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Midlife alcohol consumption and longitudinal brain atrophy: the PREVENT-Dementia study

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Firbank, Michael J.  ORCID logo
O’Brien, John T. 
Ritchie, Karen 
Wells, Katie 
Williams, Guy 


Abstract: Background and aims: Consensus is lacking on whether light to moderate consumption of alcohol compared to abstinence is neuroprotective. In this study, we investigated the relationship between self-reported alcohol use and brain volume change over 2 years in middle-aged subjects. Methods: A sample of 162 subjects (aged 40–59 at baseline) from the PREVENT-Dementia programme underwent MRI scans on two separate occasions (mean interval 734 days; SD 42 days). We measured longitudinal rates of brain atrophy using the FSL Siena toolbox, and change in hippocampal volume from segmentation in SPM. Results: Controlling for age and sex, there were no significant associations of either total brain, ventricular, or hippocampal volume change with alcohol consumption. Adjusting for lifestyle, demographic and vascular risk factors did not alter this. Conclusions: We did not find any evidence of influence of alcohol consumption on changes in brain volume over a 2-year period in 40–60-year-olds.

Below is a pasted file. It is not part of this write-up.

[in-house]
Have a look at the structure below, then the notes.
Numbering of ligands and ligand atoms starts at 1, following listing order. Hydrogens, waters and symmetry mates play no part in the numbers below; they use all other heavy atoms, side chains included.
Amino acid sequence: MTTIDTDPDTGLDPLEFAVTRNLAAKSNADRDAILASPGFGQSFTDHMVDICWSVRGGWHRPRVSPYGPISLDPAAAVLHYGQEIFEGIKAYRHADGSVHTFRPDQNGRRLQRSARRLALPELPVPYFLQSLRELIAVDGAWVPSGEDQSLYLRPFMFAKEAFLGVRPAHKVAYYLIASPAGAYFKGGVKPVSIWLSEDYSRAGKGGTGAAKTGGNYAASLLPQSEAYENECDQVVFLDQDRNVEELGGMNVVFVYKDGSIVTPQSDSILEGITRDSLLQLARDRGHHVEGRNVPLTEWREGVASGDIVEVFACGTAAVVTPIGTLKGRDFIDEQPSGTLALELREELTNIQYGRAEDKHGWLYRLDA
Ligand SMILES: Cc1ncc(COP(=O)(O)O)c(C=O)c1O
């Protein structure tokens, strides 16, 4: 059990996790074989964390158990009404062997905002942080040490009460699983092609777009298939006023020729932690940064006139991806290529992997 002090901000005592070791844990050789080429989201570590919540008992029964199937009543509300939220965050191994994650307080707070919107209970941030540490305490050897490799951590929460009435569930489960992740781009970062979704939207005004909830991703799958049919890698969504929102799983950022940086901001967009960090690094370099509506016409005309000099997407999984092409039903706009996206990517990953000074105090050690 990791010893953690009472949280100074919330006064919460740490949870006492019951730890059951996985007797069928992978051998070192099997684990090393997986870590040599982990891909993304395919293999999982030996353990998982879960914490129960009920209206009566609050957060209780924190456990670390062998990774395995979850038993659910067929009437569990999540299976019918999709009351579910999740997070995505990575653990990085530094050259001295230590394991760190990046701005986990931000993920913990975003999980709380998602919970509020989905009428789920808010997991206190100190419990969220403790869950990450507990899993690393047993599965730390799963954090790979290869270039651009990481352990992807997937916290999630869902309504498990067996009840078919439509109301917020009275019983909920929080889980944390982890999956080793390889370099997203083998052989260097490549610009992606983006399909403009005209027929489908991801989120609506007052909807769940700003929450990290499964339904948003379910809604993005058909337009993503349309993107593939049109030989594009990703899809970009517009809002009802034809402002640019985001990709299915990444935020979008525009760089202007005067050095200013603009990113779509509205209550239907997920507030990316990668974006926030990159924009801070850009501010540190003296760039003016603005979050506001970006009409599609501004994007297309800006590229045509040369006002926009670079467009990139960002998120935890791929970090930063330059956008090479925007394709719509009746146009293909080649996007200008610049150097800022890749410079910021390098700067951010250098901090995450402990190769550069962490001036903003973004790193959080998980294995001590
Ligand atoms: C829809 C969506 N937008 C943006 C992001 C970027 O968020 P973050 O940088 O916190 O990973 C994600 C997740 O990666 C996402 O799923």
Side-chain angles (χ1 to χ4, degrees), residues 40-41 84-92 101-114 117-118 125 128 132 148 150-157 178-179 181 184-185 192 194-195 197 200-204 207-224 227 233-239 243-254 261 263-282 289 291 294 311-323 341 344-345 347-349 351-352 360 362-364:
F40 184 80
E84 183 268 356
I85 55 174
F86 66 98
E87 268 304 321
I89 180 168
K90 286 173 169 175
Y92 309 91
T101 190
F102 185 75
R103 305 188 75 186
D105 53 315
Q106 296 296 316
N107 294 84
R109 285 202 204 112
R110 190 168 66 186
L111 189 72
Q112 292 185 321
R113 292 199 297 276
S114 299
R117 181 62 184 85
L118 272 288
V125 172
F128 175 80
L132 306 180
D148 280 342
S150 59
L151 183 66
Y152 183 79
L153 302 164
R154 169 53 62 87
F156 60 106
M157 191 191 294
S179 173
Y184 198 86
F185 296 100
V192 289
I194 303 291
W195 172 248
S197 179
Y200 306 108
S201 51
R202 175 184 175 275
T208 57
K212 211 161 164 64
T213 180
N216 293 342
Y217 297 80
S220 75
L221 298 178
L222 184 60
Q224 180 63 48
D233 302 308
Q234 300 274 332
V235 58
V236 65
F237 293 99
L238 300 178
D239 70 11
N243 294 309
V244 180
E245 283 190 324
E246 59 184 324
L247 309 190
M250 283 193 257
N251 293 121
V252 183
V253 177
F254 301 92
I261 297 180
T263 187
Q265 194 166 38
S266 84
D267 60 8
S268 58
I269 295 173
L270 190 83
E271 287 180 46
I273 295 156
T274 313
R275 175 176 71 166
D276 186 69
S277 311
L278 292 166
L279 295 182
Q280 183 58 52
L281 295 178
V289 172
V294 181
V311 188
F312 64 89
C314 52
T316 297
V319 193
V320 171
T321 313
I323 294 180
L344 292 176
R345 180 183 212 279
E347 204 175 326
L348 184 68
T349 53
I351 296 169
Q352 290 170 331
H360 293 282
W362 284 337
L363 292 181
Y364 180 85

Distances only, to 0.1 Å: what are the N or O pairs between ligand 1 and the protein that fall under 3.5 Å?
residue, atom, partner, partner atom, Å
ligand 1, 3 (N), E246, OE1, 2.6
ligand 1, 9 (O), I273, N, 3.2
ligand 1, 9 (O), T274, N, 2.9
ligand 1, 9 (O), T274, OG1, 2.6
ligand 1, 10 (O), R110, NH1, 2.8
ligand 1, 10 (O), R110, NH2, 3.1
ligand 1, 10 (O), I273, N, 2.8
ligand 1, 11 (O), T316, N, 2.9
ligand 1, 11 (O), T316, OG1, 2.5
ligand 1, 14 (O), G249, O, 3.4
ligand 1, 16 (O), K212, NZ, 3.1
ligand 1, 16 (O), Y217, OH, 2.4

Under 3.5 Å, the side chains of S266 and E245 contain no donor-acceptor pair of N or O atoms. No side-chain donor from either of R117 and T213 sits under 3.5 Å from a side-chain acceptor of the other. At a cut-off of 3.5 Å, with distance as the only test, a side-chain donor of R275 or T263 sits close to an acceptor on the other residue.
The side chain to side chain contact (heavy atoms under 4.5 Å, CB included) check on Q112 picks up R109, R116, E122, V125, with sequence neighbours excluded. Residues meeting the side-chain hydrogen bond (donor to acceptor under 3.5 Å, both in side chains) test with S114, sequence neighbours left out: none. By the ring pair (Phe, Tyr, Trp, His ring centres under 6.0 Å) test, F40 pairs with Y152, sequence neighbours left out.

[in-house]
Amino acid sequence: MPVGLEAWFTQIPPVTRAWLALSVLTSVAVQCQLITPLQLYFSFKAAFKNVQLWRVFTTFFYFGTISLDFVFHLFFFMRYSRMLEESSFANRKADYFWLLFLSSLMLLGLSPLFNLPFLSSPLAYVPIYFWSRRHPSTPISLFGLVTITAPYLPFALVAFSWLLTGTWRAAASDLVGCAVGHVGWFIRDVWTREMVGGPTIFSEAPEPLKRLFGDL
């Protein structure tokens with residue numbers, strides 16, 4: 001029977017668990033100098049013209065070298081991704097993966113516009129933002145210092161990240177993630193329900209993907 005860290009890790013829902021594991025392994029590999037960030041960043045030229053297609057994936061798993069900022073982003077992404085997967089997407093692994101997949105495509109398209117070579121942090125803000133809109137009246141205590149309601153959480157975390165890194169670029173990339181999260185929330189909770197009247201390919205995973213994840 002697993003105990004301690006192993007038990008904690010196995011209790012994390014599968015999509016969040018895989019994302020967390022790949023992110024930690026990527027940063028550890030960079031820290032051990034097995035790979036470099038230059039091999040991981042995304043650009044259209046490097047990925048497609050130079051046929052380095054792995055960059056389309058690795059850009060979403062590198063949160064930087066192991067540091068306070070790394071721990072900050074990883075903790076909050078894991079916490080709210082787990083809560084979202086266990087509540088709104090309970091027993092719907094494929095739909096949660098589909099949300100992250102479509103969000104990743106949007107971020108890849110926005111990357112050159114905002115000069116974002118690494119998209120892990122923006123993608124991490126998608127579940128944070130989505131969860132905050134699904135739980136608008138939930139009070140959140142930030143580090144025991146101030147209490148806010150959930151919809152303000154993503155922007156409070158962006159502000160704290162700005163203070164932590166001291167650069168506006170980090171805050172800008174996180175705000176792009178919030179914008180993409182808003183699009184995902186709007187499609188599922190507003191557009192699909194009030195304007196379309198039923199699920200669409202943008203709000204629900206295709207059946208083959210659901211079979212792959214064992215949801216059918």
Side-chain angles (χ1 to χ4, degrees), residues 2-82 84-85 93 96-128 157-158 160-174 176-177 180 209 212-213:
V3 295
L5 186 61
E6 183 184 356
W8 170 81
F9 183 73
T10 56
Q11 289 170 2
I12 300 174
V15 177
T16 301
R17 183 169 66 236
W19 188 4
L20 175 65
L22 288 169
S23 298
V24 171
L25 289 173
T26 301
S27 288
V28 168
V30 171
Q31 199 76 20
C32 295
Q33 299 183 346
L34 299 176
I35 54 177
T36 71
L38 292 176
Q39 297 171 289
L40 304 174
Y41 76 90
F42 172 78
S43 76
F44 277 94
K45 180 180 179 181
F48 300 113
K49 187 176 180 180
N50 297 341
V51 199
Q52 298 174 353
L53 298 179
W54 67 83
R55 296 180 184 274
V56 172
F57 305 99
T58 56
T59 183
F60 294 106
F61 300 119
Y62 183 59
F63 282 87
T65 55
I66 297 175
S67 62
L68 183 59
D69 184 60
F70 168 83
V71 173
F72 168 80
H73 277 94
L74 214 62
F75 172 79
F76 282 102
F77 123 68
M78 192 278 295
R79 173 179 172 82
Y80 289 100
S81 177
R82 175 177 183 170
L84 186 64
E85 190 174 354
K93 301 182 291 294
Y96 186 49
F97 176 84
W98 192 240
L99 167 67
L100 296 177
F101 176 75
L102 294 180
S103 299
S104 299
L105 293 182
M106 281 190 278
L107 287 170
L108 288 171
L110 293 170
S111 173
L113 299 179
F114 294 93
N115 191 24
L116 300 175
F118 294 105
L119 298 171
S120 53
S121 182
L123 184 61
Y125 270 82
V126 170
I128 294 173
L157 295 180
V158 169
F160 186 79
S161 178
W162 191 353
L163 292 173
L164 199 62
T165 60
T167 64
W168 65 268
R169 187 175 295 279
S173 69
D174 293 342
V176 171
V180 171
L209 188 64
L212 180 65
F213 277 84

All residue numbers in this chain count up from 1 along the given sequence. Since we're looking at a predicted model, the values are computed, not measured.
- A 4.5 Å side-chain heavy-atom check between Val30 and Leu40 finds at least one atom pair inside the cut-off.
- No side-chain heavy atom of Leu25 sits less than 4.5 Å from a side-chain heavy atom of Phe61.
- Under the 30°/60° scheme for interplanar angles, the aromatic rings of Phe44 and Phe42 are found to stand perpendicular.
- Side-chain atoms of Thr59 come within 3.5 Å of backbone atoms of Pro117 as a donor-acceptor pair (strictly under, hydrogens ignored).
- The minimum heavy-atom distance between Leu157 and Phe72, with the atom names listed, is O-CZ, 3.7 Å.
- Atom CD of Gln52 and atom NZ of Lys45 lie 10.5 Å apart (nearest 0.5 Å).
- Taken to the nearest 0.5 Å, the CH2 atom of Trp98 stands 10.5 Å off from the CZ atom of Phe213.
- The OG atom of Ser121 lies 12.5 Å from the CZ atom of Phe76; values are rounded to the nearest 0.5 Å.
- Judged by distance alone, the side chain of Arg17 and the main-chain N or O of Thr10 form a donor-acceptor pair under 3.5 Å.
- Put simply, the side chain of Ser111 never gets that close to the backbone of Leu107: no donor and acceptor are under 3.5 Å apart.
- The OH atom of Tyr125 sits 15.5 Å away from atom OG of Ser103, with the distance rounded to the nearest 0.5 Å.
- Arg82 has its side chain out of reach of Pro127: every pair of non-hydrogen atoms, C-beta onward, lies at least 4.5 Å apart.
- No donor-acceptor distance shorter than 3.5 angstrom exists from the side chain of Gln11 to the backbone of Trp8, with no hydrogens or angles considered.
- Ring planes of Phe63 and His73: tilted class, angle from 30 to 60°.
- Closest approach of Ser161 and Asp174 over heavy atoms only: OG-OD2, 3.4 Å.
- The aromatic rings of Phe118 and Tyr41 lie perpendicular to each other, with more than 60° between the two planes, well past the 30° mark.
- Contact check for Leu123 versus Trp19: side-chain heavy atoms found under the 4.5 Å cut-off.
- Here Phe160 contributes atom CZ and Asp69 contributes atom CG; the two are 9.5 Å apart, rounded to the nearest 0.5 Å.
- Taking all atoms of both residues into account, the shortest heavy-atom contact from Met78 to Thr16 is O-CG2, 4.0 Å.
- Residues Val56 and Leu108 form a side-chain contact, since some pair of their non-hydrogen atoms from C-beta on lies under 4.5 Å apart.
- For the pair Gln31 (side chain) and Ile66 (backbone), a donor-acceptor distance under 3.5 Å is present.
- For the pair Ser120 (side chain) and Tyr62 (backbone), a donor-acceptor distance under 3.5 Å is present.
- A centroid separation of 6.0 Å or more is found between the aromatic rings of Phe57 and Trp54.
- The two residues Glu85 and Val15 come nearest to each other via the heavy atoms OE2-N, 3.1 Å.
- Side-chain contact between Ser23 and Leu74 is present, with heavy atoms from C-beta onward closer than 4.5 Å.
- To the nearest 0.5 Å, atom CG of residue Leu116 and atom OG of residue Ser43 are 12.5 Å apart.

Original Communication, MRI, Alcohol, Mid-life, Brain volume, Longitudinal, Atrophy

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Journal of Neurology

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Springer Berlin Heidelberg
Alzheimer's Association (TriBEKa-17–519007)